In its time the San Jose Electric Tower was a wonder that captured the world’s attention.
Before it was known as Silicon Valley, the Santa Clara Valley was known as the Valley of Delights. It is located at the south end of the San Francisco Bay.
The valley floor provided a rich soil for orchard trees to flourish. Artesian wells provided an and limited supply of water, and the mountains on both sides of the valley sheltered her from the weather. Dried fruits and wines from the flourishing orchards and vineyards were sent across the nation and all over the world.
Seven years before the Eiffel Tower was constructed, some enterprising men in San Jose raised funds and built the San Jose Electric Tower.
It was a noble attempt to bring light to the city. Four of these towers were planned, but only one was built.
The Tower was constructed at the intersection of Santa Clara and Market streets in downtown San Jose. This photo above was taken in the early 1900’s. You can see the light tower in the background.
That building with the pointed tower is still there. It was the U.S. Post Office, then later it became the San Jose Public Library. It is now a part of the San Jose Museum of Art.
That tall building standing next to the old library is Saint Josephs. She is still there also. It got run down over the years and has since been restored. My family often went there for Mass when we were still growing up.
In the foreground of that old photo above is what is now known as Cesar Chavez Plaza. The trees have since then, as you can see below. Across the street from the plaza is the location of the monument that I wrote about in an article called, “the Domino Effect”.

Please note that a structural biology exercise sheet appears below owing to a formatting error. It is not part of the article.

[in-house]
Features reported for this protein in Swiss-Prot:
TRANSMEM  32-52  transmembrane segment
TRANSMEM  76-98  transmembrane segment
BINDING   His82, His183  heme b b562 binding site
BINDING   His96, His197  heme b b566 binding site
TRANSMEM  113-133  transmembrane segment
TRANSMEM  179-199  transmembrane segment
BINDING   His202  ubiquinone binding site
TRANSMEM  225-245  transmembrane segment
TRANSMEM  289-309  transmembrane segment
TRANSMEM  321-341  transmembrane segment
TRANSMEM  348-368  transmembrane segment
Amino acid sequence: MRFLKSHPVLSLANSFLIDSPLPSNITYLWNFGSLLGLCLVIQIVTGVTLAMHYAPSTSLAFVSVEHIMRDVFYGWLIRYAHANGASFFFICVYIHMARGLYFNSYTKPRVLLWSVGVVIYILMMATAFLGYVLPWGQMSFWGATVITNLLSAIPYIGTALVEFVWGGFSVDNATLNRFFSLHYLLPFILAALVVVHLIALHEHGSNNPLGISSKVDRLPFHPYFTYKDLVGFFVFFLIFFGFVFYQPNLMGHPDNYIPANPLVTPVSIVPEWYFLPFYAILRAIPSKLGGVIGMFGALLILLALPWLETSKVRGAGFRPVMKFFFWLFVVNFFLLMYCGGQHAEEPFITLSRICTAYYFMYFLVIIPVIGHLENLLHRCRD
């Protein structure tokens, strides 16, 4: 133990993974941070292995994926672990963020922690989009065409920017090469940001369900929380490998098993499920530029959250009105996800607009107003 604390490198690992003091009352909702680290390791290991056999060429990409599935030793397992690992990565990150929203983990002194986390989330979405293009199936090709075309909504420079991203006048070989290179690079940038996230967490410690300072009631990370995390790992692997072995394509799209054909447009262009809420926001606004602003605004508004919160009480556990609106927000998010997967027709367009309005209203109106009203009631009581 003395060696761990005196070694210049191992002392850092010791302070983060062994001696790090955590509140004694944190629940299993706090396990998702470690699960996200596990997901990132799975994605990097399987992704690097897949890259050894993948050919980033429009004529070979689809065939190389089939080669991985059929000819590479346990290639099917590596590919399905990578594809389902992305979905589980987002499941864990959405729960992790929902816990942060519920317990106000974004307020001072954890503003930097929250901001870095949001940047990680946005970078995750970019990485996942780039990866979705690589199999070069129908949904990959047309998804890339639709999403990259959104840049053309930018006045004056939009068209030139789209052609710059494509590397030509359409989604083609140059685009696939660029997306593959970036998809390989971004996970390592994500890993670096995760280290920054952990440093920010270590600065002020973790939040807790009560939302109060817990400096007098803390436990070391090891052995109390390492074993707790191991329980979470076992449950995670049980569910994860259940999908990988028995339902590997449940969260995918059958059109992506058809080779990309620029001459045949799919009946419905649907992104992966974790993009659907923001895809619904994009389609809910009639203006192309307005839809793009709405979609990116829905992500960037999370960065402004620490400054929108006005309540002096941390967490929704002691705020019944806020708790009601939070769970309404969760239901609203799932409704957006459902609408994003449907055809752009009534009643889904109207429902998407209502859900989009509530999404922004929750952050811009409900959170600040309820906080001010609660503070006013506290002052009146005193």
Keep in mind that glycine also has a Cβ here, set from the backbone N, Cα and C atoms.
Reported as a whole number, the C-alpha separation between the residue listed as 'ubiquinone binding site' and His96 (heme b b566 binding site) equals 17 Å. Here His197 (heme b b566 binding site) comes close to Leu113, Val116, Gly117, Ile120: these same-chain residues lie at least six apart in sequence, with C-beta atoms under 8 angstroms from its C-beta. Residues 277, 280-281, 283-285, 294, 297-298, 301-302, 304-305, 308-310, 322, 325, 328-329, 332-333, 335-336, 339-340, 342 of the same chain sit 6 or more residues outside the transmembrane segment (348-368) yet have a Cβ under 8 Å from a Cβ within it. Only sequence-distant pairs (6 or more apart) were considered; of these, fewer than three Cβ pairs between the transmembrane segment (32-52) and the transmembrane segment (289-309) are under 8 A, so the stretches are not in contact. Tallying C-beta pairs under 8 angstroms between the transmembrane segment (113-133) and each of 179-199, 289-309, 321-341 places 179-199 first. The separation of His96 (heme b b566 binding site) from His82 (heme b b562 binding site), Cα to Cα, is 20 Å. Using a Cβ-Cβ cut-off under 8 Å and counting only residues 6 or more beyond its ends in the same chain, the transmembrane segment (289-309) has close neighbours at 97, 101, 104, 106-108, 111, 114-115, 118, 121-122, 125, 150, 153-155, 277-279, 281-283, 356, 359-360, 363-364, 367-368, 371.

The plaza is famous for the sculpture of Quetzcoatl, the feathered serpent. You can see it below. Why is it famous? I am not the only one that thinks this looks like a pile of dog poop.
I turned to my left at the sculpture and look down to the end of the block and I see Original Joe’s. I wrote about this restaurant in another article titled, “Bitter Sweets”.
Enough of the tour of the city, back to the Tower. It reached the height of 237 feet. It took fifteen tons of steel to put it together. It was so big that street cars, bicycles and buggies were able to ride through it.
The best technology in 1881, when it was built, was to use carbon arc lights. They can be very bright, lighthouses and locomotives used them. There were four of these carbon arc lights at the top of the tower showering light in each direction.
The light could be seen throughout the valley, and the tower was a promotional success, though not welcomed by everyone. There were many complaints about the light interrupting the sleep cycle of the chickens. Ducks often crashed into it and fell to their death.
The tower lasted for thirty four years until a wind storm in 1915 blew it down. Electric lights were practical to use by then so there was never talk about rebuilding the tower.
A smaller version of the tower was constructed in the San Jose History Park a short distance away. It is a remembrance, of a part of the history and development of San Jose.